While you're in Mendoza you'll need to get your supplies too. Many people recommend taking a taxi to Walmart where you can get just about everything you would normally need. I've heard they have gas cylinders like MSR and Jetboil use, but can't confirm that myself. They also have white gas, though you can get that elsewhere (paint stores oddly enough).
From here you'll need to get yourself and your stuff to Penitentes or Puenta del Incas, both little towns near the trailheads and where the mule companies take off. You'll need to give them your stuff in plenty of time for them to weigh it (your stuff will need to be split into two even loads less than 30 kg ea) and ensure that the mules will be loaded and ready to go in time to beat you to the basecamp (assuming the normal route).
Okay, mules? Yes. I've read stories of some real hardcore go-it-alone people doing it without mules. For many people this is a three week expedition. Carrying that much stuff on your back sucks, and this isn't Alaska, so sleds are out.
The mules can do the normal route in a day. It will take you at least two. They will beat you, so keep that in mind when you drop off your stuff.
Also, be aware that a guided group will normally allow as many as 3 to 4 days for all of this up to the point where you give up your stuff and start up the trail. It would be very difficult to do it all in one day, with a tight schedule worked around flights, government offices, banks, shopping, driving, and who knows what all else. The buses to these little towns have set schedules and sometimes require reservations the day before. If you have an evening arrival you'll have to wait for the next day to get your permit and the next day to get on the bus, then the next day to drop off your gear. Four days right there. If you're having "cultural experiences" and steak and wine dinners, and street markets, you don't really notice all that so obviously. (Mendoza Argentina has some world famous steak restaurants and wineries)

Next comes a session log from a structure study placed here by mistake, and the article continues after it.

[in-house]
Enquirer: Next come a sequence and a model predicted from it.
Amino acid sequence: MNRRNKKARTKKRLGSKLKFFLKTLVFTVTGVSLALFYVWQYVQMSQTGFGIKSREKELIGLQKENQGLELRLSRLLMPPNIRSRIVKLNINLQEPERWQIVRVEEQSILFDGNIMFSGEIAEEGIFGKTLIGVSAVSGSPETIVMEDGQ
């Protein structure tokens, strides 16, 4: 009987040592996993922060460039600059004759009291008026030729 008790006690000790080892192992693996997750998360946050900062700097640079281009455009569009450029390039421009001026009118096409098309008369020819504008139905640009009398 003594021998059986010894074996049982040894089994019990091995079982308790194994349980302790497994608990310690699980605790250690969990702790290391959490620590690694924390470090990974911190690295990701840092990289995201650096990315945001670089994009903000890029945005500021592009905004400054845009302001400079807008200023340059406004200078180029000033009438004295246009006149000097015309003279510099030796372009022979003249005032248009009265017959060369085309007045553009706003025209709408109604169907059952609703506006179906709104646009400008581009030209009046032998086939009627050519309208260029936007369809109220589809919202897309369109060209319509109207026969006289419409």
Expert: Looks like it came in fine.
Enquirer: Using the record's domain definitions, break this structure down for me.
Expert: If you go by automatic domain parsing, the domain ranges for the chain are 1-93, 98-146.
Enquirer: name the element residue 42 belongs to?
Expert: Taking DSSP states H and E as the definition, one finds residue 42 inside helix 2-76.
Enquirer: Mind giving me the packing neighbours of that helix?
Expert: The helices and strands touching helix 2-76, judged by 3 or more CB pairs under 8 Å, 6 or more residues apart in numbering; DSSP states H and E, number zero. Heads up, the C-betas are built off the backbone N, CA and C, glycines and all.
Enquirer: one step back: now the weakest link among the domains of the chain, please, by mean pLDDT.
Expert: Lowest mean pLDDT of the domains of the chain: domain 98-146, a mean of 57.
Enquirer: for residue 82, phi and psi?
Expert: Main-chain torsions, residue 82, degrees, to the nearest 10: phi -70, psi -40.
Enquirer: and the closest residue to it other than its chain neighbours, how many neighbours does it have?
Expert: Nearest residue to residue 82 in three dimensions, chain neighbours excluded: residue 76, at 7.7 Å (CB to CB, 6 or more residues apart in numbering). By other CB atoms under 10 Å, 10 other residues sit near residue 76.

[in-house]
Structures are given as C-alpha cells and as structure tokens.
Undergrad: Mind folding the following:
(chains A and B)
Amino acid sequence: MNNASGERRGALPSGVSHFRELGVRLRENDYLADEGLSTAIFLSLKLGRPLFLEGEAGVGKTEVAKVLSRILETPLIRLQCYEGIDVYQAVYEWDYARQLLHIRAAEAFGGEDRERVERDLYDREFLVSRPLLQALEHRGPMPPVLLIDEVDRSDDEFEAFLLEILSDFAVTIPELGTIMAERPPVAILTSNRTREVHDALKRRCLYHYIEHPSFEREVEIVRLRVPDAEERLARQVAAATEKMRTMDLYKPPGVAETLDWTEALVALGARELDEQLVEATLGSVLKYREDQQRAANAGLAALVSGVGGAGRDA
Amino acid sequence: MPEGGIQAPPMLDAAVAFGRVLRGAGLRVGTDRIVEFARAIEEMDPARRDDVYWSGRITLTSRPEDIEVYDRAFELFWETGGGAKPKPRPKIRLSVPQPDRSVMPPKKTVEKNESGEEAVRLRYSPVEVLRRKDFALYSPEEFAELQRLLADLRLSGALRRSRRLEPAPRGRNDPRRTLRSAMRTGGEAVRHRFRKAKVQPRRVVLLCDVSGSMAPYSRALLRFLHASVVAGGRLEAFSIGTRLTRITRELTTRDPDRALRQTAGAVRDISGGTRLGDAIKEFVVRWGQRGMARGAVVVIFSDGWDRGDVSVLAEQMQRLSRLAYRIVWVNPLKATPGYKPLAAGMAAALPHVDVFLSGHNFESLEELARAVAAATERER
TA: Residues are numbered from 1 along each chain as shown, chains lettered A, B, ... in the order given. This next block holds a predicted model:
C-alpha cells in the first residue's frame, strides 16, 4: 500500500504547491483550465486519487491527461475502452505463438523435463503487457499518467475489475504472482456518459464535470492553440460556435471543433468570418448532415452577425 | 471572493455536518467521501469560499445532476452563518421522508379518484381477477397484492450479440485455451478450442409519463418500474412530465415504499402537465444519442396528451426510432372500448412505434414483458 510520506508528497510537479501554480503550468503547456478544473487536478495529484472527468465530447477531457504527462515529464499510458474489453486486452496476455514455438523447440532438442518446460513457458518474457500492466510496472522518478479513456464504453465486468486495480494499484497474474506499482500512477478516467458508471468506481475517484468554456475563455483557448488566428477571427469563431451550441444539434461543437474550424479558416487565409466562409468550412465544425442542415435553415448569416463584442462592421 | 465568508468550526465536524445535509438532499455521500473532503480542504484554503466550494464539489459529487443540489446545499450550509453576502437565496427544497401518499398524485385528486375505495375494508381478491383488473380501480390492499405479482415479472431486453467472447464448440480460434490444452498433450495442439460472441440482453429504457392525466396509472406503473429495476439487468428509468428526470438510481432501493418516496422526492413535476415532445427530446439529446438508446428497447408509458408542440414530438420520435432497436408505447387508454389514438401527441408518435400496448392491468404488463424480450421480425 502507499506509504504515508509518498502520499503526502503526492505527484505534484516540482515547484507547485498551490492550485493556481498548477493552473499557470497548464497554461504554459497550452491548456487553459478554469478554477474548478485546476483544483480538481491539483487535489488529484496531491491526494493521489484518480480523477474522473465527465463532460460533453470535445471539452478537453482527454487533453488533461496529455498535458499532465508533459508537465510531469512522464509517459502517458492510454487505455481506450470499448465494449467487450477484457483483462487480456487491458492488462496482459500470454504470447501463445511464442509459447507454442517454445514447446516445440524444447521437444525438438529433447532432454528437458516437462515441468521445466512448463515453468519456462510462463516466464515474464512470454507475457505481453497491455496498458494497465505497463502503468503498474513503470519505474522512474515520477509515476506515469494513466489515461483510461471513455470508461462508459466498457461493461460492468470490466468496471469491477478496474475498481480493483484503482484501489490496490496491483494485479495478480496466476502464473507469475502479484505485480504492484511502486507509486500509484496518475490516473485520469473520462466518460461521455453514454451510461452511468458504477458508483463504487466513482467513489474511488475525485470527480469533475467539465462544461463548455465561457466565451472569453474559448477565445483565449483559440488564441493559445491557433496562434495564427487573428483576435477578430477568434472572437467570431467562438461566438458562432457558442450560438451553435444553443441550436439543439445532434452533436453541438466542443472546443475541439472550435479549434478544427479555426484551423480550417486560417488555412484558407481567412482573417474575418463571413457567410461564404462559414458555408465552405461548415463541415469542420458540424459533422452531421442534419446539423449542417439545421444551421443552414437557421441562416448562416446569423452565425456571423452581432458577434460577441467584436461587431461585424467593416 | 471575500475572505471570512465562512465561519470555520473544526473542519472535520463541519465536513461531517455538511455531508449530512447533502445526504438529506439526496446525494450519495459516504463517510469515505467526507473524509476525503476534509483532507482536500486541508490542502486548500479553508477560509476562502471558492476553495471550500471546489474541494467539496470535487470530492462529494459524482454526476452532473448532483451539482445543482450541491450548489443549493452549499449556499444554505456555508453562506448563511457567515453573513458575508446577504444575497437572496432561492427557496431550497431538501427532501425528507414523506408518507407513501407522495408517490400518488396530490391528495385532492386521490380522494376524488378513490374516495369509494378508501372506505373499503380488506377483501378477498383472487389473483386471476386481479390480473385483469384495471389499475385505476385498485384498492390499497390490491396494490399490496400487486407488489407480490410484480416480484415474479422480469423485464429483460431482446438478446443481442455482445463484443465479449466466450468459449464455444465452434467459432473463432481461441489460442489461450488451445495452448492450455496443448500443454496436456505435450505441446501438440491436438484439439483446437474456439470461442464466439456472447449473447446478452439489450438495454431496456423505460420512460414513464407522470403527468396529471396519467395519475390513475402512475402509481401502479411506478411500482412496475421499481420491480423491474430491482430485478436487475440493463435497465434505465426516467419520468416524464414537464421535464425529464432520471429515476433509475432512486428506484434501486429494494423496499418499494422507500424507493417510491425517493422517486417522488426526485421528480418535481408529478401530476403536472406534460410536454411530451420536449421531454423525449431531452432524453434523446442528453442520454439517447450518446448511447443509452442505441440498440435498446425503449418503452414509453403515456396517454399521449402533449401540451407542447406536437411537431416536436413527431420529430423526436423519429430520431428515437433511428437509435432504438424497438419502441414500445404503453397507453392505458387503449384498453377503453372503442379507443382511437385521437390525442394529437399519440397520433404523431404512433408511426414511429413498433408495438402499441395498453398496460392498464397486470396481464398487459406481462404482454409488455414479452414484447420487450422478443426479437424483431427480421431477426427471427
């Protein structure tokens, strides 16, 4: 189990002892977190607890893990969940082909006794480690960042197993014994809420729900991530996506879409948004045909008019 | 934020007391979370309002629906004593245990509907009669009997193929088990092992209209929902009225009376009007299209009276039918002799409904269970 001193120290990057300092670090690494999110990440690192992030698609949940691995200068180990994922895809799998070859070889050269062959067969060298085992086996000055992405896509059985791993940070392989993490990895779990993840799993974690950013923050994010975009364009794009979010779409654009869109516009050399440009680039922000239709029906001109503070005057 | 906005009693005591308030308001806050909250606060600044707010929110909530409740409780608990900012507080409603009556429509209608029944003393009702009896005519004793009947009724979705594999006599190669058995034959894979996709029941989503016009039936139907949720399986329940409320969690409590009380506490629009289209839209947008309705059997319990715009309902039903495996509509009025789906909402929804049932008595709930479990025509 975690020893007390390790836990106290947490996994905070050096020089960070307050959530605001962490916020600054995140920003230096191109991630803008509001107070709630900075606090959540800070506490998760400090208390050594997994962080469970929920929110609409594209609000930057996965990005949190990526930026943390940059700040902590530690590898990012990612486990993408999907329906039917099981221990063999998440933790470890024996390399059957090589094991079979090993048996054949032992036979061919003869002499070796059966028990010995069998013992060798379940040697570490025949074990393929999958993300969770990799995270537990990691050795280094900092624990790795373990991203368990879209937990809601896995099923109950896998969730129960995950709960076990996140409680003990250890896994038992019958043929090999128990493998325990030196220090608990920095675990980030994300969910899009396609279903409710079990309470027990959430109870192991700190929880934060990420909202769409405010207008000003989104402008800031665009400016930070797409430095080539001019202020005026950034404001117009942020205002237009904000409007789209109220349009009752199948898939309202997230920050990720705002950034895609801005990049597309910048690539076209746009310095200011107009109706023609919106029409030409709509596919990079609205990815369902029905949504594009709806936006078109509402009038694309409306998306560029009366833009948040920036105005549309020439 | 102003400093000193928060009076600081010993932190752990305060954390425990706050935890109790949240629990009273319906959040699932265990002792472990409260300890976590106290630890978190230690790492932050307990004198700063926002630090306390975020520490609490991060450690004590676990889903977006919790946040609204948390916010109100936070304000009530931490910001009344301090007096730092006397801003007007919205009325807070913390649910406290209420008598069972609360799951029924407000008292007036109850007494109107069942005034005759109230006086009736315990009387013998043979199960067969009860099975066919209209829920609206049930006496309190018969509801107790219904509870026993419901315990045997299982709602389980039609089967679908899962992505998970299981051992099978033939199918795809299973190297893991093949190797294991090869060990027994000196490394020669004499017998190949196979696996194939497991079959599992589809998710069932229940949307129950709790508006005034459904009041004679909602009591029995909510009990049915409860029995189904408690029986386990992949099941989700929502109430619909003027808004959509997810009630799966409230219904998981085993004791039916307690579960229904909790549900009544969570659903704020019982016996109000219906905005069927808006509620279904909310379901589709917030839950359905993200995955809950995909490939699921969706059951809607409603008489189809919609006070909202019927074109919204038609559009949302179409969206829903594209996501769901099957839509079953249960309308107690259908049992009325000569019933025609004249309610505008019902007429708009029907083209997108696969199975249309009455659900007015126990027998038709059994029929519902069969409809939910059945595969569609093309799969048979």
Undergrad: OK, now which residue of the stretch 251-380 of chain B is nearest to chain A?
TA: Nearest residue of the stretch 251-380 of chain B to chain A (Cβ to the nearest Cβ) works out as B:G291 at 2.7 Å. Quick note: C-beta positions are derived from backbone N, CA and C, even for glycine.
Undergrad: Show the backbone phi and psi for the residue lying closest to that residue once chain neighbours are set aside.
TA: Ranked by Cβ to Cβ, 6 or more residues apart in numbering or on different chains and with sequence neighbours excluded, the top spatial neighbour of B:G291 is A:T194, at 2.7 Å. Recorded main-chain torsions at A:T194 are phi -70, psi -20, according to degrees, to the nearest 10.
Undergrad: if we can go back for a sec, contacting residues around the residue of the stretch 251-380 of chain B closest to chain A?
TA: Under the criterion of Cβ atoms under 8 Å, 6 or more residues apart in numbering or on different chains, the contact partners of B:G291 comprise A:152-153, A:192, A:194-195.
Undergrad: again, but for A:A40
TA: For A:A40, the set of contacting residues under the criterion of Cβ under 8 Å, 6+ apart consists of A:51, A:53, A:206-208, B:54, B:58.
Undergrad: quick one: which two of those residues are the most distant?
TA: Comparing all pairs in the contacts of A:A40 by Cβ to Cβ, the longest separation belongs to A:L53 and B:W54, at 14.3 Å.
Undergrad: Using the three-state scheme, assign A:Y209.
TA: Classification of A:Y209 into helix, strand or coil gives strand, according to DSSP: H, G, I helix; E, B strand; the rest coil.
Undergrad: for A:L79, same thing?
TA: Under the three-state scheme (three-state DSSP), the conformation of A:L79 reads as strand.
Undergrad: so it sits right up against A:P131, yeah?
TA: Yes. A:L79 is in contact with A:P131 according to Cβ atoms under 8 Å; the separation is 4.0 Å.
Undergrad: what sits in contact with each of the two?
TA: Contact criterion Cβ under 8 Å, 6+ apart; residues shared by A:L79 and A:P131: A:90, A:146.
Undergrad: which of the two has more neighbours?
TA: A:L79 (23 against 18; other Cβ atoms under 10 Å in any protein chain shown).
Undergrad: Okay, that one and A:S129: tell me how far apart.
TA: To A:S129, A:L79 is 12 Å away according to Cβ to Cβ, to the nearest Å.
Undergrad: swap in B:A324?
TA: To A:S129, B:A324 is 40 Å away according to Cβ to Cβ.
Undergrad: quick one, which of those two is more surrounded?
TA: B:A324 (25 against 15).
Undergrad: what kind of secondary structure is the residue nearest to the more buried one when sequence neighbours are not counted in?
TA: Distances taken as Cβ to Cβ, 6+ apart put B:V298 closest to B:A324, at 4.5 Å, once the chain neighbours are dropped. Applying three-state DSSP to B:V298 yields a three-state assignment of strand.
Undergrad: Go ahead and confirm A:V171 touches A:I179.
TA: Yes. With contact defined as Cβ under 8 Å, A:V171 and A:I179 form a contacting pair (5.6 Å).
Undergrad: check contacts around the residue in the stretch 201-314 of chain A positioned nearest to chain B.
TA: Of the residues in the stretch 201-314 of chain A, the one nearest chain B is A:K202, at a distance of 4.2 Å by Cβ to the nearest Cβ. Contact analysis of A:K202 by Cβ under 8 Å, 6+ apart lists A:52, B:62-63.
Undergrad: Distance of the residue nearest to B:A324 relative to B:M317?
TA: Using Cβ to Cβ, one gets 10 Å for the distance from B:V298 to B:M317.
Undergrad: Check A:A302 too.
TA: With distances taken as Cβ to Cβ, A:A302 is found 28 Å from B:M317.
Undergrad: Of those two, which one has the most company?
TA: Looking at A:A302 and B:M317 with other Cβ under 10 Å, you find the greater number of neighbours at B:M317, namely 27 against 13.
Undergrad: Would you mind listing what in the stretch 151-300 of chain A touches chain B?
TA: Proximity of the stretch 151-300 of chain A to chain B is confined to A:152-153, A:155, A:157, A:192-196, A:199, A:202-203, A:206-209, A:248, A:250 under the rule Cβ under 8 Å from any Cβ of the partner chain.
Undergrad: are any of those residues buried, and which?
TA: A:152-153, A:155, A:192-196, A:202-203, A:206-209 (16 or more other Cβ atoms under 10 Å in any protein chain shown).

From the trailhead you will encounter a ranger who will verify your permit, that it is correct for your intended adventure, and the correct season. Your time starts now. You will be issued a numbered garbage bag and you will be fined stiffly if you lose it. On the normal route you will spend the day hiking to Confluencia where you will camp. In a few books there are other camps mentioned, but according to a few local sources, you will camp in Confluencia. If you come from sea level, it might be a good idea to hang out here and hike a few surrounding canyons or peaks to acclimatize for a day or two before proceeding to Plaza de Mulas, the base camp for the normal route at over 14,000'. Hiking from the trailhead to base camp can take from two to four days.
At the Plaza de Mulas base camp you may encounter another ranger for a permit check. I've heard of medical checks as well. Most people would need to hang out here at 14,000' and just get used to the altitude slowly, the recommended protocol to prevent AMS (acute mountain sickness).
That's it for now, the basics of how to get there. I will correct any of these that are wrong, though for each of them I've read several trip reports and blog entries that I feel support my suppositions.